On Tuesday morning, principals with students in grades 3-8 — the state gives yearly math and English tests to these students — were given school summary reports. Teachers won’t receive their individual data reports until next week. The vast majority work in traditional public schools, as less than a dozen charter schools chose to participate, according to the Department of Education’s chief talent officer, Amy McIntosh. (more…)
February 11, 2010
Department of Education officials debuted a new tenure process today will affect only one in ten teachers up for tenure this year, but for the city’s teachers union, that’s one too many.
Answering Mayor Bloomberg’s demand that test scores be used in tenure decisions this year, the department has broadened the criteria that principals use in evaluating teachers to include teacher data reports. These reports rank teachers based on their students’ scores on the state’s math and English exams and compare them to others teaching similar students over several years. Department officials say the reports will only be used to alert principals to teachers who are at the top and bottom of the rankings.
When Chancellor Joel Klein first introduced the data reports in 2008, he made an agreement with former United Federation of Teachers president Randi Weingarten that the reports would not affect tenure evaluations or teacher pay. Today Klein doubled back on that agreement, sending a letter to principals that said including the data reports would make tenure more “meaningful.”
July 20, 2009
City principals rated more teachers unsatisfactory this year than they have since at least 2005, suggesting that the Bloomberg administration’s efforts to escort more struggling teachers out of the system may be bearing some fruit.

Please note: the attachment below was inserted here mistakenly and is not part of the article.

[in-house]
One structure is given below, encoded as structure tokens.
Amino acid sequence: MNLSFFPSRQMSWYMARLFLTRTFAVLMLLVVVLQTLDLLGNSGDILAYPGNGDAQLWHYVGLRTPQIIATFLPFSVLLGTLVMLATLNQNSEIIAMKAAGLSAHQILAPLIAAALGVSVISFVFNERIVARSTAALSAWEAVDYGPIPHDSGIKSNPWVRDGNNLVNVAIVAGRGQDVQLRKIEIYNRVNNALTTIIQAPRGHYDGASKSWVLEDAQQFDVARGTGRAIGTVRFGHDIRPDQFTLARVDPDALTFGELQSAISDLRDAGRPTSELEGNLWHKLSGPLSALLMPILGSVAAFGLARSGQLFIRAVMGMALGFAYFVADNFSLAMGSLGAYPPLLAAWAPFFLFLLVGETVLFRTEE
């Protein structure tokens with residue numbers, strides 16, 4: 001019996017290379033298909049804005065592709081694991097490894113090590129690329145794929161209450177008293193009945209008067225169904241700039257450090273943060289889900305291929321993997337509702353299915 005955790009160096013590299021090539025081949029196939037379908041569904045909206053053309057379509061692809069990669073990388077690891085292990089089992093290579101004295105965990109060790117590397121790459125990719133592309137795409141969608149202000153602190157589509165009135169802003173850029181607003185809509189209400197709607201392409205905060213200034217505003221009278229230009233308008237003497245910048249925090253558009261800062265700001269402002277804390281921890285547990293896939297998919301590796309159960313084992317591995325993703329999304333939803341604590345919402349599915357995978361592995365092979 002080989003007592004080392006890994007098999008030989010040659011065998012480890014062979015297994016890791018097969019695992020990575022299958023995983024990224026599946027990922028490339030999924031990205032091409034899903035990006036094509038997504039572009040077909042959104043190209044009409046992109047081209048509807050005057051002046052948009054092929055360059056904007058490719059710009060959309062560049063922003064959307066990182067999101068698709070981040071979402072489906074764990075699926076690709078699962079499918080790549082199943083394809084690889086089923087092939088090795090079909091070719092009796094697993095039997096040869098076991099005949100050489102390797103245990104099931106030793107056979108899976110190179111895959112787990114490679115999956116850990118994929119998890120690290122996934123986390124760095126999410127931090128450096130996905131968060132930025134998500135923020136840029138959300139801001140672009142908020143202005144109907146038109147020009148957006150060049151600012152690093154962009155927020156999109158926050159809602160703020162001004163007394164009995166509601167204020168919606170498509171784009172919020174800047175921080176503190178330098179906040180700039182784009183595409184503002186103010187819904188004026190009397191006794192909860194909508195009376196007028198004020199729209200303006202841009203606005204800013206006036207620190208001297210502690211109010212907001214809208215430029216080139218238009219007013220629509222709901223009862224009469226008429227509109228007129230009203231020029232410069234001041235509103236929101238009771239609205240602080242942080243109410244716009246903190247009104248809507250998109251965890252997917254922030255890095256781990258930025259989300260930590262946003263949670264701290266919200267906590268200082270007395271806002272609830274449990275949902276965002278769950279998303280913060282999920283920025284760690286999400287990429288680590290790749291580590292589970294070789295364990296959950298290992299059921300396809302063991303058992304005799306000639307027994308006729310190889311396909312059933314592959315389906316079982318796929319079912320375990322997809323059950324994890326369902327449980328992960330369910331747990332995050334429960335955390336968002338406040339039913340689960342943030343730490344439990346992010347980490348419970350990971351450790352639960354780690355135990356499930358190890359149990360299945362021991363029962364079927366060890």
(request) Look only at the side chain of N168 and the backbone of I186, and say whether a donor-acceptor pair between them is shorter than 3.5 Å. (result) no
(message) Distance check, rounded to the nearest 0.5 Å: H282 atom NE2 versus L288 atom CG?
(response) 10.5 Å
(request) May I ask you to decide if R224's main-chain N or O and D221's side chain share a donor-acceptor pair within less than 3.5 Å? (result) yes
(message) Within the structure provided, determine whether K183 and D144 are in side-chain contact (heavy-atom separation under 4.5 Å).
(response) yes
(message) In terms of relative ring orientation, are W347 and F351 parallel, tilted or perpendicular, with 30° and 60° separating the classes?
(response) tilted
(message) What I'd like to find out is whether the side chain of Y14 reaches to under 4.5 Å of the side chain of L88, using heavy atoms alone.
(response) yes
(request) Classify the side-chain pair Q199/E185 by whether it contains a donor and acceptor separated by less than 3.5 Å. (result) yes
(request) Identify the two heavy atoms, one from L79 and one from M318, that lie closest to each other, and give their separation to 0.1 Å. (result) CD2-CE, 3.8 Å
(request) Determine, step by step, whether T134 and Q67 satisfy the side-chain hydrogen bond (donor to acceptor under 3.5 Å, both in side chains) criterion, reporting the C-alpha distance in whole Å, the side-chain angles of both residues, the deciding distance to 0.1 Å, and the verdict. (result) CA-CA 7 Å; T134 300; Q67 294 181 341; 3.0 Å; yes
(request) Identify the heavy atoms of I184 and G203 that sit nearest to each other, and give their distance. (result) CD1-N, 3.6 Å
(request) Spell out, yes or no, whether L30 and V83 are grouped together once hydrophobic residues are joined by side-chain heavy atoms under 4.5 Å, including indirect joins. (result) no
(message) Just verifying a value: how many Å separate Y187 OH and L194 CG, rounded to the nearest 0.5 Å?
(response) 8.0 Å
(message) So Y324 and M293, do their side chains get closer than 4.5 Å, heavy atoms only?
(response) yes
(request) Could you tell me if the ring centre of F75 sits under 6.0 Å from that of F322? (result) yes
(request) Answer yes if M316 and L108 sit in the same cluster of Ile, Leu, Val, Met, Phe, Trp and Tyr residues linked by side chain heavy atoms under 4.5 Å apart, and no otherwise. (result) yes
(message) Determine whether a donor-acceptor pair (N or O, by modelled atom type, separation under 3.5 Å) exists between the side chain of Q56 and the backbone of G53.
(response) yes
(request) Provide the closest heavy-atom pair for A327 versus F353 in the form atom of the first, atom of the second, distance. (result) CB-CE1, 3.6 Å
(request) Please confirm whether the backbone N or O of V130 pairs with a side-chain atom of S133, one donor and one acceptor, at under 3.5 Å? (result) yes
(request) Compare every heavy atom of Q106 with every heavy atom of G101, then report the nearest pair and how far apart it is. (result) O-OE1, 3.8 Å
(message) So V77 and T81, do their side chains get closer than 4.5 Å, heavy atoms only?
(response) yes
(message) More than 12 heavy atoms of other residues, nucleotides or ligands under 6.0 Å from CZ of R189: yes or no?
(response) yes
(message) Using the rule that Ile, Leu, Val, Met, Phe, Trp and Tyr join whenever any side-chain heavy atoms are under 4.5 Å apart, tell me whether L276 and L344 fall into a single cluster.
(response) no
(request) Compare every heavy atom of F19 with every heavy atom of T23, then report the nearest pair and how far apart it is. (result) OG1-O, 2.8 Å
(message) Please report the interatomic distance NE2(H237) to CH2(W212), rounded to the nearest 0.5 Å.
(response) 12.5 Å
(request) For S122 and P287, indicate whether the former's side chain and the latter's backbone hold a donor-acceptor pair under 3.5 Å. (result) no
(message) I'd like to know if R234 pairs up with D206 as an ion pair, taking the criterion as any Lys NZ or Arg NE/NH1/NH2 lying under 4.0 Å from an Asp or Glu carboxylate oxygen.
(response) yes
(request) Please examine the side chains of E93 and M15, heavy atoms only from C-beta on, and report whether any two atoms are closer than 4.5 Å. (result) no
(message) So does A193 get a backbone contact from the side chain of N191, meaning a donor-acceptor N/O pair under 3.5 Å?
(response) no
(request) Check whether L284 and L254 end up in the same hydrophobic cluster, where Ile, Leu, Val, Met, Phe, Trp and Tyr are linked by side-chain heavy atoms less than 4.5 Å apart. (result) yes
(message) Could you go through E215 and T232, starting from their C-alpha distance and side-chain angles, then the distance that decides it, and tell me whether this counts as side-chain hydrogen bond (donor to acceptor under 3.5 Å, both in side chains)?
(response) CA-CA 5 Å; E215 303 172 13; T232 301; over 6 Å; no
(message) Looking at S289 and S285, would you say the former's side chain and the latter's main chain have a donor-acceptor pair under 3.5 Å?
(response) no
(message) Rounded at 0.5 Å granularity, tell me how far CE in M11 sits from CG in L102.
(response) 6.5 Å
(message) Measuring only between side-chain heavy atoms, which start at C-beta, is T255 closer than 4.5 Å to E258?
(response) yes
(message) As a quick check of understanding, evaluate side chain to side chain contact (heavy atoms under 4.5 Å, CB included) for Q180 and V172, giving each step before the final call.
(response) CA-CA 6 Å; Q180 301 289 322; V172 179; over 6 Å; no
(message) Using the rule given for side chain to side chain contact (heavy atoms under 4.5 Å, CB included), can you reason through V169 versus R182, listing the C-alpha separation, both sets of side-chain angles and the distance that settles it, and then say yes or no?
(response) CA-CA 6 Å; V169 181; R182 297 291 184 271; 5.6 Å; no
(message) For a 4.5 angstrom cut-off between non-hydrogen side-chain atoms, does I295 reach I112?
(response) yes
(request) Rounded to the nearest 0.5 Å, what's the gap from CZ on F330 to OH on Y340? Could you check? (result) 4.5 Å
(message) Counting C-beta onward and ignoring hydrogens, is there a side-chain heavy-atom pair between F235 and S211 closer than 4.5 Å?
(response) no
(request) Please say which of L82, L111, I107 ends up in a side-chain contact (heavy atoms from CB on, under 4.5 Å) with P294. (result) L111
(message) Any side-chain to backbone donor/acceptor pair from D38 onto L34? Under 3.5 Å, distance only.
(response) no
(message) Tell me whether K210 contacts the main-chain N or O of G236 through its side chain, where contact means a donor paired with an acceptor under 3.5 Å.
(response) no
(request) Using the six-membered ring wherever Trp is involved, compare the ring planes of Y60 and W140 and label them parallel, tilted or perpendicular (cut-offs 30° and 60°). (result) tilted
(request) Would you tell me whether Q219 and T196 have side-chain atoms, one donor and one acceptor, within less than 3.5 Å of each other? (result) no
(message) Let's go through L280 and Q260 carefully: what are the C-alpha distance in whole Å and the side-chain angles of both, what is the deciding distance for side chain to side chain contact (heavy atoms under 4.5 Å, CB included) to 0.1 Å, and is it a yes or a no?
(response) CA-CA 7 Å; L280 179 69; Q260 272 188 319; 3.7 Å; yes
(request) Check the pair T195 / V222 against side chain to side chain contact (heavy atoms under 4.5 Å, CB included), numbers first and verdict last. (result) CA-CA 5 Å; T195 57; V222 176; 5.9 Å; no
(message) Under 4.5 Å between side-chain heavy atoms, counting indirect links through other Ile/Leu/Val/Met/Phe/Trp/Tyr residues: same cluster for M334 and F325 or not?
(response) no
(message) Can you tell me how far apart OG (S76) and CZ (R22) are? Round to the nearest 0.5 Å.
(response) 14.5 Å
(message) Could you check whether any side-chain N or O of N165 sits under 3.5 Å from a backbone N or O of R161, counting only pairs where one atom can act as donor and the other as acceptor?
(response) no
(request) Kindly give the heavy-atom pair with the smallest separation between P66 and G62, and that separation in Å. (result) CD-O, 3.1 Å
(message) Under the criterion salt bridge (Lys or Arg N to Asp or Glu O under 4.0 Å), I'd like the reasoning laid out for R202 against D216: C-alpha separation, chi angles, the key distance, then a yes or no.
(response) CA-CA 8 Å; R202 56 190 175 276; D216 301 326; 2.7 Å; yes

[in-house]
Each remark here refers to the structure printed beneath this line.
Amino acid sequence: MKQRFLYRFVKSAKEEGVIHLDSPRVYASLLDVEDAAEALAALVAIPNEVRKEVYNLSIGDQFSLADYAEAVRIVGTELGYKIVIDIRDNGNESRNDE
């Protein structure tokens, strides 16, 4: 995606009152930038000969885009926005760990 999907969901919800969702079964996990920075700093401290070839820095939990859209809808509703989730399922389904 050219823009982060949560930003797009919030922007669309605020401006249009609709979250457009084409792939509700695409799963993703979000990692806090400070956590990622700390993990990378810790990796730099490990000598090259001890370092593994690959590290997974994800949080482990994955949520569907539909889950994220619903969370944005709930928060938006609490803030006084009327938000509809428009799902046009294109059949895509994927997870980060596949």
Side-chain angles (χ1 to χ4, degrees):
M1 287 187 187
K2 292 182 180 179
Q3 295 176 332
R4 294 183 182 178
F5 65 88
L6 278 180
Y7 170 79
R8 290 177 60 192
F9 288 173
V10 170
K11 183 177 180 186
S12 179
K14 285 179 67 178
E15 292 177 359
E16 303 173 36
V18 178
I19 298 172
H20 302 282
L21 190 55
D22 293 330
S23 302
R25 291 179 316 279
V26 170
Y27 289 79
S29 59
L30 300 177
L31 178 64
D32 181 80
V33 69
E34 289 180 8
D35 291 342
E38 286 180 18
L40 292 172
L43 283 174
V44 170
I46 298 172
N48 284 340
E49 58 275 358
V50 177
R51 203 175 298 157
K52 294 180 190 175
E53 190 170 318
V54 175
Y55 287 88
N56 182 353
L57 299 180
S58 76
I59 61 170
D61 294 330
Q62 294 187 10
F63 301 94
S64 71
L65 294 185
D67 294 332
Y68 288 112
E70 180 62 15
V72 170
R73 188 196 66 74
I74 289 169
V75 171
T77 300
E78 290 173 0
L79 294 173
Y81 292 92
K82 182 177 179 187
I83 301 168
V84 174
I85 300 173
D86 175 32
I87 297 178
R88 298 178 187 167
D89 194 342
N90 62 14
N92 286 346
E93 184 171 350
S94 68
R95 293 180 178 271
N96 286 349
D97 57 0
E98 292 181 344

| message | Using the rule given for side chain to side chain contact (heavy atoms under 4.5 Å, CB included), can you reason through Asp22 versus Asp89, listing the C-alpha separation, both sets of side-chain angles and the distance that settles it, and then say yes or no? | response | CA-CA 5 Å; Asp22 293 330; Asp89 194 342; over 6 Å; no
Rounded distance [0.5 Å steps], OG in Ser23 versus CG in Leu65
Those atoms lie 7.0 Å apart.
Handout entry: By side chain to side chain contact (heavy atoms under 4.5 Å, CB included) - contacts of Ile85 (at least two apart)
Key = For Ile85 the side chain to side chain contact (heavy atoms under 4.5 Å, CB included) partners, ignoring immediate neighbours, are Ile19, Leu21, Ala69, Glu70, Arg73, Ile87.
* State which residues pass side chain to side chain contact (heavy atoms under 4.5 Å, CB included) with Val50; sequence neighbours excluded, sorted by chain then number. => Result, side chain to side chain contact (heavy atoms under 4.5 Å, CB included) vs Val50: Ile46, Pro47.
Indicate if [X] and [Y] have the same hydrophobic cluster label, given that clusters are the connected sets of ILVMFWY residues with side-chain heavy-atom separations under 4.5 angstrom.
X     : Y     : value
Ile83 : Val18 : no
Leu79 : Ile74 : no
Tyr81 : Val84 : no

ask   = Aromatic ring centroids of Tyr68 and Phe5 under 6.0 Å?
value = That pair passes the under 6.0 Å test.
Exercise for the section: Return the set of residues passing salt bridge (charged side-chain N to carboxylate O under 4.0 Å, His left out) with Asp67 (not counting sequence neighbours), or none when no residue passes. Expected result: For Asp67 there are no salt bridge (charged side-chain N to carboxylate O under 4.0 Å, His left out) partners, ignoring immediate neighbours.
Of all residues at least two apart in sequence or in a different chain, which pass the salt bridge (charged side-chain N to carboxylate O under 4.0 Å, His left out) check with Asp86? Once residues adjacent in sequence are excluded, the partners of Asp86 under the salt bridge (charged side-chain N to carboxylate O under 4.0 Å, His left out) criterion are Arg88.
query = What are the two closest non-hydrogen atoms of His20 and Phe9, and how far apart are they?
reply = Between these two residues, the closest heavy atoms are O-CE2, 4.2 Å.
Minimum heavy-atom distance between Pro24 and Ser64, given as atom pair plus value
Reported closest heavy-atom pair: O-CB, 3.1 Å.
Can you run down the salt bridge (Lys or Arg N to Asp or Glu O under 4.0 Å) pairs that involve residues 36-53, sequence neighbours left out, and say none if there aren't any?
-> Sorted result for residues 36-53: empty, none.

Principals gave the scarlet-letter rating to 1,554 teachers this year, up from 981 in the 2005-2006 school year, data provided by the city Department of Education show. Both the number and percentage of teachers rated unsatisfactory rose during that period, and the rise occurred for both tenured and non-tenured teachers, city figures show.
Even with the rise, the percentage of teachers rated unsatisfactory remains low. About 2% of teachers, both tenured and without tenure, received what teachers call “U” ratings this year.
Ann Forte, a schools spokeswoman, sent us the figures this afternoon.
The rise follows a concerted effort by school officials to make it easier for principals to terminate poorly performing teachers, including a new group of lawyers assigned to targeting struggling teachers, called the Teacher Performance Unit. Rating a teacher unsatisfactory is often the first step toward removing him from the school system. (more…)
June 1, 2009
A new report is urging school districts across the country to beef up their methods of evaluating teachers, which the report describes as so slipshod as to be “largely meaningless.” The report, by a nonprofit group that has clashed with teachers unions in the past, describes the poor evaluations as “just one symptom of a larger, more fundamental crisis—the inability of our schools to assess instructional performance accurately or to act on this information in meaningful ways.”
The report goes on:
This inability not only keeps schools from dismissing consistently poor performers, but also prevents them from recognizing excellence among top-performers or supporting growth among the broad plurality of hardworking teachers who operate in the middle of the performance spectrum. Instead, school districts default to treating all teachers as essentially the same, both in terms of effectiveness and need for development.
The report, conducted by The New Teacher Project, a nonprofit founded by the lightning-rod D.C. schools chancellor Michelle Rhee, calls on districts to develop more robust teacher evaluation systems that reward successful teachers and easily identify less successful teachers.
The report comes amid a growing push to improve teaching quality across the country. President Obama has said that teachers who are not helping students learn should be removed from classrooms, and even the national American Federation of Teachers union is working internally to build a new method of evaluating teacher quality.
The report bases its findings on surveys of thousands of teachers and administrators across four states and 12 school districts, plus a scouring of the districts’ evaluation records. New York City was not one of the districts studied. (more…)